Inner London authorities ‘hit hardest by budget cuts’

13 May 19

London council budgets have fallen by 17% over the past eight years, think-tank analysis has found.

Planning and development, highways and transport and cultural activity budgets have endured the largest cuts, according to analysis of budgets since 2010-11.

report from Centre for London out today found that, taking population growth into account, councils in the capital have seen an overall 17% fall in their budgeted services expenditure per head from £879 in 2010-11 to £729 in 2018-19.

Inner London boroughs were hit hardest, with Westminster suffering the most (-32% cut), followed by Newham (-30%), Tower Hamlets (-29%), Hackney (-28%), Camden (-25%) and Wandsworth (-25%).

Only two boroughs saw their budgets increase over the past eight years – Kensington and Chelsea (+10%) and Barnet (+1%), the analysis found.

Cuts to planning and development budgets have fallen by 59% since 2010-11 across the capital, despite housing delivery targets almost doubling from 25,000 to 43,000 units in 2015-16.

In the past year, however, councils have started to see an upturn in their budgeted expenditure per head across Greater London, which rose 2% from an average of £713 to £729. The think-tank said this rise was the result of additional government funding and council tax for social services coming through.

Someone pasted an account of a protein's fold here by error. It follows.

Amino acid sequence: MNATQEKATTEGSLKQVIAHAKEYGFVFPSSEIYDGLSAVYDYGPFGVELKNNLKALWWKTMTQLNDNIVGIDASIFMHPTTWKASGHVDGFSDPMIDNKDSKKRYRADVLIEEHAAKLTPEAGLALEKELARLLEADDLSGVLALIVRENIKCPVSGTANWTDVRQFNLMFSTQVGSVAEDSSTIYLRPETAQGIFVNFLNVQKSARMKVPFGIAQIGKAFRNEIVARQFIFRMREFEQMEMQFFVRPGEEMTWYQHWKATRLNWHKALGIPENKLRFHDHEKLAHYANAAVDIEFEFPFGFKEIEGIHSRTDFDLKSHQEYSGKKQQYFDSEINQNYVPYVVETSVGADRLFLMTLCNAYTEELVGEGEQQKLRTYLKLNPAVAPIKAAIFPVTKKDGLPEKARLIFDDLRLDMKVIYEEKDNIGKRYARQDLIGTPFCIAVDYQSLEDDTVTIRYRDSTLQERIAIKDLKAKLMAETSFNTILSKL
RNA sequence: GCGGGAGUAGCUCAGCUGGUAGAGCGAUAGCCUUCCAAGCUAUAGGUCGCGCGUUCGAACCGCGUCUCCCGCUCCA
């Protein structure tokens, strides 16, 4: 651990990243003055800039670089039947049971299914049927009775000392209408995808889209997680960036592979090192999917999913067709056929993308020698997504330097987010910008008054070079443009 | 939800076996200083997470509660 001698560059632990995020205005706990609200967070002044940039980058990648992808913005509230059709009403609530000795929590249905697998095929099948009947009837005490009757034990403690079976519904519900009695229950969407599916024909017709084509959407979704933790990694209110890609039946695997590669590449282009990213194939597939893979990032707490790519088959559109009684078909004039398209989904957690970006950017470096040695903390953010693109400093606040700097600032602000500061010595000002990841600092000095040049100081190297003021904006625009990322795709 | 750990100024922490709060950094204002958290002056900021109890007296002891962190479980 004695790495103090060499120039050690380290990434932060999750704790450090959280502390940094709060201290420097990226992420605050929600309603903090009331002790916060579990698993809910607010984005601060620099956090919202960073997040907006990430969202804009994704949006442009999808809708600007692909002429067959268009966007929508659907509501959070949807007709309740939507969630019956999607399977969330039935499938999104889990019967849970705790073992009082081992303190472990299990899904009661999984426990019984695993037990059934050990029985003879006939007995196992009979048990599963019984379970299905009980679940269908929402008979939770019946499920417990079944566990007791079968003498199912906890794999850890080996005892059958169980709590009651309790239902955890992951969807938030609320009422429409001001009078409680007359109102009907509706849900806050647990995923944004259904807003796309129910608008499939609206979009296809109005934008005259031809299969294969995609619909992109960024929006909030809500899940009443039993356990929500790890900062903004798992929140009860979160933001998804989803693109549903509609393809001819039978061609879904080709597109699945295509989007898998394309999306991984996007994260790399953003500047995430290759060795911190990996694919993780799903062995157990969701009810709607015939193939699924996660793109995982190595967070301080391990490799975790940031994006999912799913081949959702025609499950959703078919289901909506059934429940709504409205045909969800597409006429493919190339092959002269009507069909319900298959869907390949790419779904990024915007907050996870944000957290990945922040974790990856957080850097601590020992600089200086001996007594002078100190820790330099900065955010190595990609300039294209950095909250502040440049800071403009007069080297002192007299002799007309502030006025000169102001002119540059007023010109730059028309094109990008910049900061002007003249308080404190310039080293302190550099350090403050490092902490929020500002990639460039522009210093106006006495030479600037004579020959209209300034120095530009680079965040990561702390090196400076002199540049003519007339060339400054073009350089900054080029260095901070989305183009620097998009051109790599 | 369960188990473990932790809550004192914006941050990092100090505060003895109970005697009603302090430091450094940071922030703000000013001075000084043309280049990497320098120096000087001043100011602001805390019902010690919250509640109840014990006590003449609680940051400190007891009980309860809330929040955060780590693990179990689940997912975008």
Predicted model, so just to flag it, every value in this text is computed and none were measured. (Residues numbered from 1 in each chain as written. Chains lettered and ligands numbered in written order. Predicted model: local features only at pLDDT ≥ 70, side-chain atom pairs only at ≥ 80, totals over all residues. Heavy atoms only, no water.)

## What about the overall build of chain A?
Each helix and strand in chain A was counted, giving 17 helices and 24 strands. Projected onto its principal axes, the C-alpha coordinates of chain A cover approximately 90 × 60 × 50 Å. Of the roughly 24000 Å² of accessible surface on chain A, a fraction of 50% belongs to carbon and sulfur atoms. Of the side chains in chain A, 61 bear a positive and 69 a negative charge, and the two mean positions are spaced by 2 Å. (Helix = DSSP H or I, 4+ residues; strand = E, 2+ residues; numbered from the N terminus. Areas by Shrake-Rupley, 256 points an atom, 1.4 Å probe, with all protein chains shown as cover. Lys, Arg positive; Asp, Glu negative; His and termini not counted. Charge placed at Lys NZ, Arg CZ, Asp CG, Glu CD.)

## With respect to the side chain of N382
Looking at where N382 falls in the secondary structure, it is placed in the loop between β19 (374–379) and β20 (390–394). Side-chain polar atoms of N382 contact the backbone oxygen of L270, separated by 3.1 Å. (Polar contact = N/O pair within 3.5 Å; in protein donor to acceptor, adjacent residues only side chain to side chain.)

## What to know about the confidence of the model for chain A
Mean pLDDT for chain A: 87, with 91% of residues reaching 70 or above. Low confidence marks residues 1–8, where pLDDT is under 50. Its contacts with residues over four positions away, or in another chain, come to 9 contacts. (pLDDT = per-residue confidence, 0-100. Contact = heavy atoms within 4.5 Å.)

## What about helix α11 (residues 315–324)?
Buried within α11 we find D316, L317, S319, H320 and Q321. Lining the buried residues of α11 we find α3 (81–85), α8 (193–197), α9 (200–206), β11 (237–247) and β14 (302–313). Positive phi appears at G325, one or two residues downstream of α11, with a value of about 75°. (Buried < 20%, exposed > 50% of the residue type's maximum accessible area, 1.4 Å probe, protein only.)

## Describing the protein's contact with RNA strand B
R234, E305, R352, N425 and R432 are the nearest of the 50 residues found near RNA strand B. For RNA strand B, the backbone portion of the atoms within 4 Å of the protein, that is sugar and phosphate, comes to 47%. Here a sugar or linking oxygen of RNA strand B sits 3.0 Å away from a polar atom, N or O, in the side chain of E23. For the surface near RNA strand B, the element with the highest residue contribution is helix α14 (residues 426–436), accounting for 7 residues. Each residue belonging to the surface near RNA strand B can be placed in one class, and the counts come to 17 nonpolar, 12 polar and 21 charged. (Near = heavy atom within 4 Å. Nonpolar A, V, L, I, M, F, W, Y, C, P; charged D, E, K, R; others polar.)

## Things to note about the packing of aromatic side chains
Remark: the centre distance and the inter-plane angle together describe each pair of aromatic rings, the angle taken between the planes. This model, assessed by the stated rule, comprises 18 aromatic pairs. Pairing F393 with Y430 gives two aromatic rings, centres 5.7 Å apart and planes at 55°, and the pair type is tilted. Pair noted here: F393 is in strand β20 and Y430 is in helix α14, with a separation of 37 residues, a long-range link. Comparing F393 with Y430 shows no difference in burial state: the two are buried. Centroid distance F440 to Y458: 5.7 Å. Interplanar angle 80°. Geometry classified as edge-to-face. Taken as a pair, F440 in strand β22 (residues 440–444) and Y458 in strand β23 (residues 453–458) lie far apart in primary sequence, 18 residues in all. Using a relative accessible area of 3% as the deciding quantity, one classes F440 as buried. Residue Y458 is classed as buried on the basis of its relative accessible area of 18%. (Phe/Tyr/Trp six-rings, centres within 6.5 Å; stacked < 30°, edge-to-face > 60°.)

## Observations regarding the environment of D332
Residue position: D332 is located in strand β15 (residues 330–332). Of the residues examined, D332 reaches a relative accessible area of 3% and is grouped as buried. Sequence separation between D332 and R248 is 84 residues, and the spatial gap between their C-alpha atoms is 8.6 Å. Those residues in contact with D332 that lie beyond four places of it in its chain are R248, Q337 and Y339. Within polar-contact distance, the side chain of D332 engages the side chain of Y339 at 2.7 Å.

Silviya Barrett, research manager at Centre for London, said: “London boroughs, like other urban authorities across the country, have shown great ingenuity in adapting to hard-hitting cuts, but they are running out of road.

“The drive for devolution seems to be stuck. It’s time to give the UK’s distinct localities the power and resources to set local tax levels and raise their own taxes.”

Barrett also expressed concerns that the Fair Funding Review will affect the long-term funding of councils that have seen the biggest cuts.

David Harvey, deputy leader of Westminster City Council, said: “Westminster is not special, but it is different and has unique pressures on its services. More than one million people a day come through the city – to work, to visit the West End or enjoy our famous attractions. These people use services but do not pay council tax.

“That is significant when you consider the West End alone costs around £10m a year to clean. The system needs to recognise differences like this where they impact on any council.”

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